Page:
The sense of form in literature and language


The sense of form in literature and language

Michael Shapiro

(Semaphores and signs)

Macmillan, c1998

大学図書館所蔵 件 / 12



Bibliography: p. [199]-210

Includes index



This text demonstrates how form in language participates in and determines the meaning of literary texts. This entails seeing verse and prose as a structure, of which the building blocks are primarily linguistic and taking the form of these building blocks to be part of the content. The book continues the general line of the research of Michael Shapiro, and exemplifies what a Peircean approach can contribute to the cognitive study of language and literature, and to the exploration of the semiotic nature of verbal creativity. Shapiro analyzes representative texts and examples from Russian, English, Romance, Japanese, and Ancient Greek literature. The analyses of verse and of prose fiction are unified by treating language as the only sure repository of meaning. This work offers a wide range of examples from many genres and traditions and an approach to literature and language deriving in part from a reliance on the semiotic perspective of Peirce's whole philosophy. The book is aimed at departments of literature, language, semiotics, and cultural studies.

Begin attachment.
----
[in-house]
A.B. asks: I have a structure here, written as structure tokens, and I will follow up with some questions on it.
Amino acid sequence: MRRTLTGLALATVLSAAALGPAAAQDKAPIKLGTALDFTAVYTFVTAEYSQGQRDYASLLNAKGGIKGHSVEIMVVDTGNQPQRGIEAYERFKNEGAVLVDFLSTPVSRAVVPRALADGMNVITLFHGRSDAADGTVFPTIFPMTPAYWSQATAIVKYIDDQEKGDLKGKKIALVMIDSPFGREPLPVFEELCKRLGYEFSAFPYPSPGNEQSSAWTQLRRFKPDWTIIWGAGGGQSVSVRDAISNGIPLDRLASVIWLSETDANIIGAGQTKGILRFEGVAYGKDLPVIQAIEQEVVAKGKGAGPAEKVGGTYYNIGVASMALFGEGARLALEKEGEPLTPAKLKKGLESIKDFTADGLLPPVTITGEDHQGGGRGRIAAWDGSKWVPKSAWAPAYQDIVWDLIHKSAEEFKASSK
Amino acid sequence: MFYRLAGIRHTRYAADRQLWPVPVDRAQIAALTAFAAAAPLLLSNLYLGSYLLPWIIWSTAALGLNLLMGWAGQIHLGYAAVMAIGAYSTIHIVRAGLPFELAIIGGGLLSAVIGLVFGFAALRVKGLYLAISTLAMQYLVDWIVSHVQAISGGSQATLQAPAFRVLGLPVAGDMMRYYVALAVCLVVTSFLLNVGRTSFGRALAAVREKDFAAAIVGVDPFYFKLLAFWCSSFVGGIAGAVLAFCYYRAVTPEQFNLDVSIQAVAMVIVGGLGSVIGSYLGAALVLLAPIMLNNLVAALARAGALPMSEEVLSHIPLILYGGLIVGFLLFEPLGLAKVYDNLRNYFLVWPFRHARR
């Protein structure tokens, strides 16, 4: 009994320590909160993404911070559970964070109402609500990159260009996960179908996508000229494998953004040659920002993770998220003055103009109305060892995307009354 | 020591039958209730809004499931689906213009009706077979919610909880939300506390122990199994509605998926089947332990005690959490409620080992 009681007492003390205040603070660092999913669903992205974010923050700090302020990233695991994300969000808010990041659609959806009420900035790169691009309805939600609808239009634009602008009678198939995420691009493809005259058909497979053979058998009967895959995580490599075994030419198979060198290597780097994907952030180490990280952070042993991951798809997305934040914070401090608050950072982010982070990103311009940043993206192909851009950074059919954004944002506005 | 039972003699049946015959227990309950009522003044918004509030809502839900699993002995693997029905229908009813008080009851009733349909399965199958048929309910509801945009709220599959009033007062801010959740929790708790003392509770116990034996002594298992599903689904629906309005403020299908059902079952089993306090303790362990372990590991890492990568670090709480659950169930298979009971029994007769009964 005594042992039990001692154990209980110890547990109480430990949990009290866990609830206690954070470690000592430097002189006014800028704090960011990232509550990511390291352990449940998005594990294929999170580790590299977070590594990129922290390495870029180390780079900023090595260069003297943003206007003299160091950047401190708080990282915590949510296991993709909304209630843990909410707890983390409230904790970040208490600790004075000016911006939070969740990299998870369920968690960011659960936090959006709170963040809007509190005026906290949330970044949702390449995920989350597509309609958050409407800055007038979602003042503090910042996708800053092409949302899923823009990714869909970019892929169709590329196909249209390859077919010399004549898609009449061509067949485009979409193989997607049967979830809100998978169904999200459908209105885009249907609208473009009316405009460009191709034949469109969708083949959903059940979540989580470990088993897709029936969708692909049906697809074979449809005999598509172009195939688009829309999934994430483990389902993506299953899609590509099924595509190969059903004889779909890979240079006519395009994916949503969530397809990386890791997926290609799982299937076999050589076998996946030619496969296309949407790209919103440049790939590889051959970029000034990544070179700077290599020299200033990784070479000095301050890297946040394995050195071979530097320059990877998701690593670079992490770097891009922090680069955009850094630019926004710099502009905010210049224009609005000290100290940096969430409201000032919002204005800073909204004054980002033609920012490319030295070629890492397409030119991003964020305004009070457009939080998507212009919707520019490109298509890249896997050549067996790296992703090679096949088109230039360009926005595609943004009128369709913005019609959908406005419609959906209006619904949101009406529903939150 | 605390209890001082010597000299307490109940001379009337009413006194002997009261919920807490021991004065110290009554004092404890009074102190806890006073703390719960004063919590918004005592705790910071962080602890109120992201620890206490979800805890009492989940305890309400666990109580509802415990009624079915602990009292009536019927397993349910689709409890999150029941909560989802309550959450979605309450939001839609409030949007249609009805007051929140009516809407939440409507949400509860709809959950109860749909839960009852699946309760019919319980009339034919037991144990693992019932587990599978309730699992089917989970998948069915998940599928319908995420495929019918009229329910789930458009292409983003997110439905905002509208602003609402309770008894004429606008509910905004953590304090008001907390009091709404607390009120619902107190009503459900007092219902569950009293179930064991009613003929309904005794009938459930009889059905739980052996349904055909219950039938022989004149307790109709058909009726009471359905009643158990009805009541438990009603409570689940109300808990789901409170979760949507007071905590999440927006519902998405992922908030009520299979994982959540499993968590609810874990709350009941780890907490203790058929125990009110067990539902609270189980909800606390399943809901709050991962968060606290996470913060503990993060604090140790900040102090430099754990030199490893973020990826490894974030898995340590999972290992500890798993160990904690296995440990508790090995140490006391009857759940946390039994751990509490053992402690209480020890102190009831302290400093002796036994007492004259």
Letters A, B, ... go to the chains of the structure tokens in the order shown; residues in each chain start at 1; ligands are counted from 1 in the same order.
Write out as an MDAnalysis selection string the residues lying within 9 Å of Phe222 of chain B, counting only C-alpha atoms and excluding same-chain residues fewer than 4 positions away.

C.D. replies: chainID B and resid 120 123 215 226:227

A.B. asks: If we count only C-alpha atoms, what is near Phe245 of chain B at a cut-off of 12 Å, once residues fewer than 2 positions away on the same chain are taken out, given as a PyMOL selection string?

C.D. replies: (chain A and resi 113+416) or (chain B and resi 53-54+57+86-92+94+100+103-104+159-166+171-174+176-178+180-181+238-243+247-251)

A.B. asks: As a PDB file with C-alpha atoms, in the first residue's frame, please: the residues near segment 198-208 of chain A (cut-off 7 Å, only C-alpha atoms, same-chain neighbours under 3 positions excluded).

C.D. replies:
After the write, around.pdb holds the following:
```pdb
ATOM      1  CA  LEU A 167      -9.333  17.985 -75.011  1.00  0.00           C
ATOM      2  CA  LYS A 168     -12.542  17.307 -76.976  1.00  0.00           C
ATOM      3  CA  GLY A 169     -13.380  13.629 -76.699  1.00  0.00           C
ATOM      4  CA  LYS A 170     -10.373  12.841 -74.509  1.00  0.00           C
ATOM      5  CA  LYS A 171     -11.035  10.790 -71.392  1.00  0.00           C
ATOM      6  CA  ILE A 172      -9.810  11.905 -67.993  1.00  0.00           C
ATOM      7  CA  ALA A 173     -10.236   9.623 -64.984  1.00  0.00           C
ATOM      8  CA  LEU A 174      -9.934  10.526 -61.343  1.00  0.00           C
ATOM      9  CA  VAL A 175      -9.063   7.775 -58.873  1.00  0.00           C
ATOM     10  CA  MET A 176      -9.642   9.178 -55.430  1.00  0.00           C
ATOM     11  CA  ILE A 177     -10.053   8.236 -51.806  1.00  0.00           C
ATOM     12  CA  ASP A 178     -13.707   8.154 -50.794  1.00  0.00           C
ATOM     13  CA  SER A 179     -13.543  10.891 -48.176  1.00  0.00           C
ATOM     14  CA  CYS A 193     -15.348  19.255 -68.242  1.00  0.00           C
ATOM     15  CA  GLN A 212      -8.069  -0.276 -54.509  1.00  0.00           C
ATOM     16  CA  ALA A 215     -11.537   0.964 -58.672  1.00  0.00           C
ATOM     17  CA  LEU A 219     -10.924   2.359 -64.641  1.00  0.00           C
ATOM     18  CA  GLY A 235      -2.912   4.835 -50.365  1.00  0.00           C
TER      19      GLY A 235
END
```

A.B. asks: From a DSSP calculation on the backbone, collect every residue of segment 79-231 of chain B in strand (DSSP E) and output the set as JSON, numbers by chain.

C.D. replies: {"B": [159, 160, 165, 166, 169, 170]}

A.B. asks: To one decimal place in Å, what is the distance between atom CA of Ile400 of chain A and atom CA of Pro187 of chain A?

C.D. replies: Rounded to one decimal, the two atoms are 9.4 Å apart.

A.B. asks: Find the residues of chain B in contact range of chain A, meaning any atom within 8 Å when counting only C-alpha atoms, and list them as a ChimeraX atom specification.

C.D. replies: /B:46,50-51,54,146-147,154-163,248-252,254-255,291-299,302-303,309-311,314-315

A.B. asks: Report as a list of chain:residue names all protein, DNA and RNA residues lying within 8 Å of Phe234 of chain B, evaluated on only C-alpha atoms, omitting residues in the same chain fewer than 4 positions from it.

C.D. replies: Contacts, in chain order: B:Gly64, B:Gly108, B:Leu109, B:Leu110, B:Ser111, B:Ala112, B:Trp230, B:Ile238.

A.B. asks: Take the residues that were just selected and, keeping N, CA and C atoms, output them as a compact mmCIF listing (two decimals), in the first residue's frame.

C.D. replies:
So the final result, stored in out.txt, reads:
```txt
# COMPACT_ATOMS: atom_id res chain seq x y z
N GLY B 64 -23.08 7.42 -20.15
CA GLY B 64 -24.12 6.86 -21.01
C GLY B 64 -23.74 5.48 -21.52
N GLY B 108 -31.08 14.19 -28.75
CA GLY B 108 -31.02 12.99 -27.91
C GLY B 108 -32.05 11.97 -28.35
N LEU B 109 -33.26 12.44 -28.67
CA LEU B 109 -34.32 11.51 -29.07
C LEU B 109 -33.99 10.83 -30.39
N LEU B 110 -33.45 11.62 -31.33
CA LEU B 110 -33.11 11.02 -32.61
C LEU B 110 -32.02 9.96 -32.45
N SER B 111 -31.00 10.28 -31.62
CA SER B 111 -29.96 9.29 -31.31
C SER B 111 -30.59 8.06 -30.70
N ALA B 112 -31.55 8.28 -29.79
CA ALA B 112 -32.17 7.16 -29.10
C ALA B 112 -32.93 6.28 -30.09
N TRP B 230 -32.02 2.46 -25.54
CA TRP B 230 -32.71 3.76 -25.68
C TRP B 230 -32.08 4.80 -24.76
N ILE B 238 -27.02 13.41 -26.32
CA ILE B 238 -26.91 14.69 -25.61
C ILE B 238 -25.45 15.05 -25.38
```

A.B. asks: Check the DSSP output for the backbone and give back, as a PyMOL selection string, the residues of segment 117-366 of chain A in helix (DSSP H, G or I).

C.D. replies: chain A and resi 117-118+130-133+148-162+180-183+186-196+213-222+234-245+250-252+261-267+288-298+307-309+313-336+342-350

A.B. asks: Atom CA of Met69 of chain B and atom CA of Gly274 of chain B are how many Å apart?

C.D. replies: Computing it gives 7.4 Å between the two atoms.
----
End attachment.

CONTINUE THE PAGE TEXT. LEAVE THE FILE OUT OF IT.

Preface Introduction Dostoevsky's Modes of Signifying Interpreting Bulgakov's The Master and Margarita Fragments of Meaning in Sologub's The Petty Demon Sound and Meaning in Shakespeare's Sonnets Dialogism and Poetic Discourse Pushkin's Poetic Mentors The Meaning of Meter Wimp English Boundaries Notes Bibliography

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